The neuronal markers used in the present work to label the cell subpopulations let us to check the phenotype of these cells. The cell fate of newborn cells in the adult hippocampus has been analyzed in a number of reports (see for example [57]; for a review, see [58]). These reports have shown that the great majority of new cells become granule neurons, while a small proportion is glia. We have analyzed the cell identity of the subpopulation of 4–7 days old cells (IdU+ cells) in every experiment (Figure S1). We found that around 80% new cells are doublecortin+, i.e., they are immature neurons as expected (similar to that of the majority of works in the field). These percentages were not significantly changed as a result of enrichment. The cell fate of the rest 20% new cells is unknown, and composed by non-differentiating cells and/or glial cells (including perhaps a proportion of cells fully differentiated, as the total time required for newborn neurons to fully differentiate is extremely variable –[59]-).

We consider that whether enrichment has any effect on newborn cell fate, it might play such effect before cells become committed to neurons, and after one week (IdU+ cells result, above mentioned) 80% of newborn cells are already neurons. Enrichment did not modify such proportions. Besides, the new cells surviving more than 1 month after birth in the granule cell layer of adult mice are nearly 90% neurons (reviewed by [58]). This cell fate profile remains the same in 3-month old cells [60], and 11-month old cells [61]. We consider that the putative increase enrichment might cause on the cell fate of the rest 10% new cells along the next 2 months of treatment is a quite tiny proportion. Of course, enriched environment or physical exercise might change the cell fate and/or the differentiation status of a small proportion of new cells in the adult dentate gyrus (largely below the unknown 20% new cells other than neurons mentioned above). Although we consider this aspect very interesting, we think that the main findings of the present work are not substantially modified by this point.

To analyze the sensitivity of the neurogenic subpopulation to environmental richness, we measured cell proliferation and survival after termination of EE. We found that the numbers of both 11-to-14 and 4-to-7 day old neurons were not different between control and EE mice after having returned to normal housing conditions for one week, reflecting the rapid response to environmental change. This finding suggests a tight control of the survival of neurogenic subpopulations, in order to regulate the number of new neurons in the GCL. Likewise, cell death also rapidly returned to the basal state. It is noteworthy that the GCL volume, the total number of mature granule neurons and the total number of DCX+ cells (mostly DCX+/Calret+ cells), were significantly higher in EE mice than in controls after termination of EE. The size of these crowded populations needs time to increase significantly (more than one week of EE if we compare Experiments 1 and 2) or to decrease (more than one-week after returning to normal housing conditions after 2 months of EE in Experiment 3). This data is relevant as it is in contrast to the rapid regulation of cell death/survival we found. Certainly, despite the rapid regulation of some cell populations, only the number of DCX+/Calret−−− cells was similar to that of controls after the termination of EE. This is relevant because this subpopulation is more immature and smaller than the other subpopulations that remained larger than controls after the change in the environment. It should be considered that differentiating neurons are not equal from a morphological and functional point of view. According to several studies, the morphologically different cell types (DCX+/Calret−−− and DCX+/Calret+ cells) could be considered as functionally distinct cells (see for example [62]. The possible roles that these distinct subpopulations might fulfill in the adult hippocampus must still be elucidated. Nevertheless, further experiments will be necessary to determine whether longer times of normal housing after termination of EE induce a return to baseline levels of all the cell populations increased.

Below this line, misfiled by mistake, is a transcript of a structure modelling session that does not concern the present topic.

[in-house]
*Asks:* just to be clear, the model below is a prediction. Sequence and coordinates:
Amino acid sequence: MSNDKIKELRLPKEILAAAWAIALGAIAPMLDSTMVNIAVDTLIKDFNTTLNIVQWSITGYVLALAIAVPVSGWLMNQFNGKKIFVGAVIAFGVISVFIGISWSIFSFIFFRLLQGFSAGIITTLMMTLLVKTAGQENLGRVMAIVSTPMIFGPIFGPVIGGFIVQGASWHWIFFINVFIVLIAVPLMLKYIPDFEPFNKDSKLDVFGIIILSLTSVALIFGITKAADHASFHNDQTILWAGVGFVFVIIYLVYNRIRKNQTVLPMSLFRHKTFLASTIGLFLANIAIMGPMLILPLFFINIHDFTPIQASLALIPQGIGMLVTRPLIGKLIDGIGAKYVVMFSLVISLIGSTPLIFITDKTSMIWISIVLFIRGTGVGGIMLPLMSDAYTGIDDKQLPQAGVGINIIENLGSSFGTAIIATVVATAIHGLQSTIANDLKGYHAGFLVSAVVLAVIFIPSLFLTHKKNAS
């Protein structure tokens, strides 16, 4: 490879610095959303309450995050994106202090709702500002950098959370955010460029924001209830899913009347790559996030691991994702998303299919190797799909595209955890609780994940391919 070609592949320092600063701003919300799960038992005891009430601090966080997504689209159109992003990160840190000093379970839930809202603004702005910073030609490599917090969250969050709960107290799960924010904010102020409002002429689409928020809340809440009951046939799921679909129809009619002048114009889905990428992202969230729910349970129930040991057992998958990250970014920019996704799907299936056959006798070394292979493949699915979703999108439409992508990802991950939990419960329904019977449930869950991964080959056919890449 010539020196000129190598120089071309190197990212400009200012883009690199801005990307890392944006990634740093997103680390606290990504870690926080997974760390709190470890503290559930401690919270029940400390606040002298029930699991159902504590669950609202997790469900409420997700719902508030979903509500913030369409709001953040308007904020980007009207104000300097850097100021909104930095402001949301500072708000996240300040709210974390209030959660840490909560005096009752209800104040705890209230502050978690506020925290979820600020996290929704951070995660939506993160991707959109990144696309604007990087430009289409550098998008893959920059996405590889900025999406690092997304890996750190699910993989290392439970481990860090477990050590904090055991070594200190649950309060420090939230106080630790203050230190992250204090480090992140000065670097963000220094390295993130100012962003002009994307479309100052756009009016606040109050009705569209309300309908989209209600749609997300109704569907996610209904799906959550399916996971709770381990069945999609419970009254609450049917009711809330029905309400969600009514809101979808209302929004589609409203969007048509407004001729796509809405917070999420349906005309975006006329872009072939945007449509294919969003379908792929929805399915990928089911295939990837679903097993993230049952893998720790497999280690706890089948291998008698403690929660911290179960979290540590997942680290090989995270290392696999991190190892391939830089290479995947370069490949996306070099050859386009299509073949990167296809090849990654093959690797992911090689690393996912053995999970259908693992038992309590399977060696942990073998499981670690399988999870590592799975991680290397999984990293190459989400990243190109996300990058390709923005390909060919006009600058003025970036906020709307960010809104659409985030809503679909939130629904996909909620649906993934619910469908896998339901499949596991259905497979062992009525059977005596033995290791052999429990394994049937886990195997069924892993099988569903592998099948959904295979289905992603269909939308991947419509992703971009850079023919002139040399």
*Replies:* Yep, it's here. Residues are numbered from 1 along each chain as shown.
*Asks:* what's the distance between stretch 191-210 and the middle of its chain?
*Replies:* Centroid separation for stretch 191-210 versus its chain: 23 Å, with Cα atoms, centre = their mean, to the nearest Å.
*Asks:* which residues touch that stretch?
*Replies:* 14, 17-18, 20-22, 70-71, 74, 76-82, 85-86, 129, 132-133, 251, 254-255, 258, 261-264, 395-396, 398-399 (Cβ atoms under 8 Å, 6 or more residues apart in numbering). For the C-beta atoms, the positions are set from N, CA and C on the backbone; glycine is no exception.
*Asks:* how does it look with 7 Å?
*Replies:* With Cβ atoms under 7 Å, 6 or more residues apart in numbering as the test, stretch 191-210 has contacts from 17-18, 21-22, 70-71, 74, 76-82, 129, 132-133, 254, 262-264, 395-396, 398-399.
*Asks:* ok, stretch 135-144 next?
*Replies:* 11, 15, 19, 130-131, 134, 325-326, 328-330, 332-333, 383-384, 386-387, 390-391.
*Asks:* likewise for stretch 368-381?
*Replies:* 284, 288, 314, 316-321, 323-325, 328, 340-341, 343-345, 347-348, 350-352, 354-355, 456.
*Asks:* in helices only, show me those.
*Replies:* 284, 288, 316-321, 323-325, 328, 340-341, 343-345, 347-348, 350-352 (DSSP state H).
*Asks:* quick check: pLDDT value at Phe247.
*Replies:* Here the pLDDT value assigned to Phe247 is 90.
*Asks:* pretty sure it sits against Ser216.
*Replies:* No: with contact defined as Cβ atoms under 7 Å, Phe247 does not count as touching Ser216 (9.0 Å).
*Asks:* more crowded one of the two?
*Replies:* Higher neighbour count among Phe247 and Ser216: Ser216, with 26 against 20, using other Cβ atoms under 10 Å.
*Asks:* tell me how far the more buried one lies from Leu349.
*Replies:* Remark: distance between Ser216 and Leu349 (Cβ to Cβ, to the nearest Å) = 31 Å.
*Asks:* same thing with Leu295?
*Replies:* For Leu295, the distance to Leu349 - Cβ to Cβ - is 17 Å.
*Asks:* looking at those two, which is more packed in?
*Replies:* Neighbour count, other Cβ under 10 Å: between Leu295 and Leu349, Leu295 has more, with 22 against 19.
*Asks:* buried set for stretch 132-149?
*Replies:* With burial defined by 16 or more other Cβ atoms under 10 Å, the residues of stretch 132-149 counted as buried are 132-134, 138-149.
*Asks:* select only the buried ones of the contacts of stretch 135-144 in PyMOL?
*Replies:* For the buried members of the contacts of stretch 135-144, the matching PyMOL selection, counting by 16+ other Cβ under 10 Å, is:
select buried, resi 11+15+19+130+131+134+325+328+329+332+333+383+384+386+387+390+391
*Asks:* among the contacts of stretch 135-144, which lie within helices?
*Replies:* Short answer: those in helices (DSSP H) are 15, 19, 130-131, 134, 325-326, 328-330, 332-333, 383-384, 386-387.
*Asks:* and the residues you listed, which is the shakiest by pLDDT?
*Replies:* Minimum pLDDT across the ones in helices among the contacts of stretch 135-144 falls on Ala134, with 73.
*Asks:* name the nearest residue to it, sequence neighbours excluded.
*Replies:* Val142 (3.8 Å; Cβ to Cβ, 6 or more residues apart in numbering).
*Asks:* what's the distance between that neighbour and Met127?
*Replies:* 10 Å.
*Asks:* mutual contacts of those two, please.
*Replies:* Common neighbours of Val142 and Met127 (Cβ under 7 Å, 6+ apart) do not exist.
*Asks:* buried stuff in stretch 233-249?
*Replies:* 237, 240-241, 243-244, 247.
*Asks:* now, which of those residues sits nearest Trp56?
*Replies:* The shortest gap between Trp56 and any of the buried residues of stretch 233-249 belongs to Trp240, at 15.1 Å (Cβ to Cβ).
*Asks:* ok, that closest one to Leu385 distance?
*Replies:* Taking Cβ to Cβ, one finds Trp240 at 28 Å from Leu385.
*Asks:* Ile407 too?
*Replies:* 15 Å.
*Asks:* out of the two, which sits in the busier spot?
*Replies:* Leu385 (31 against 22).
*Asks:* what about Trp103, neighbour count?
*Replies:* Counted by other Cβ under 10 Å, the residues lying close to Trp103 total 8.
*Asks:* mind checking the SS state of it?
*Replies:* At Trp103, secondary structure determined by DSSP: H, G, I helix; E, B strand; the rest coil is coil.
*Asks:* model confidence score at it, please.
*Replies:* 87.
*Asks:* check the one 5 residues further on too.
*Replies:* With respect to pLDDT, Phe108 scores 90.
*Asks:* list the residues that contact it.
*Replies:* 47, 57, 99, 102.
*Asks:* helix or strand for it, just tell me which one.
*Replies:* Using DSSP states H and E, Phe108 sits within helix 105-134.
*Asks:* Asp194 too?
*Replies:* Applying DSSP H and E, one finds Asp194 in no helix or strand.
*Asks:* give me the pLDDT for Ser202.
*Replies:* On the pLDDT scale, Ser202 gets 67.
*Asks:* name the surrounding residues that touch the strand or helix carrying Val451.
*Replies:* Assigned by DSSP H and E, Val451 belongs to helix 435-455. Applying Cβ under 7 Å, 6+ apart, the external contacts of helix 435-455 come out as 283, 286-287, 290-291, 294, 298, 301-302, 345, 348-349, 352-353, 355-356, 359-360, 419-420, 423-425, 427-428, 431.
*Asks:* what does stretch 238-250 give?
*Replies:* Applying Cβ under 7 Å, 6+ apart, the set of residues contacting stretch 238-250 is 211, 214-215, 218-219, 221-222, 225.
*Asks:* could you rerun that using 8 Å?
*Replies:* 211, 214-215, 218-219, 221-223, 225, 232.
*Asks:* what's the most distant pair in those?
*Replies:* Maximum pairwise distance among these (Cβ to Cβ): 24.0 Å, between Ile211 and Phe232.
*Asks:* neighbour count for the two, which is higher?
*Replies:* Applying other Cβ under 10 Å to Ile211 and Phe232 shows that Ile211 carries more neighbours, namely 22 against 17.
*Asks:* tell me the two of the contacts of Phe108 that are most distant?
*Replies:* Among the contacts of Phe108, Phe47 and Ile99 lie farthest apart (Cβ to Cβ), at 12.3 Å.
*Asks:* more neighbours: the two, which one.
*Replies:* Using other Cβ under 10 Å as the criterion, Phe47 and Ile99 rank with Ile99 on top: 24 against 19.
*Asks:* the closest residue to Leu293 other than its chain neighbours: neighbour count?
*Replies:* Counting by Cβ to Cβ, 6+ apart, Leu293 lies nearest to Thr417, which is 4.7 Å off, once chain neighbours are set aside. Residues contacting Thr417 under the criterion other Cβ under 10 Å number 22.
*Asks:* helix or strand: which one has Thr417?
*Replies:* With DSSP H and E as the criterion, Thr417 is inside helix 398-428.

Finally, we analyzed the cells activity to study the broad range of effects of EE. We found that long-term changes in the environment are required to modify the activity as measured as the number of c-fos+ cells. By contrast, the area of GAD+ boutons increased after a one week period of EE, although no further changes were found after longer-term EE. However, changes in the ratio of vGlut+/GAD+ boutons have been reported previously, together with long-term reductions in hippocampal neurogenesis [52]. Therefore, further studies will be necessary to understand how these subtle changes might be related to the effects of EE on hippocampal-dependent behaviors.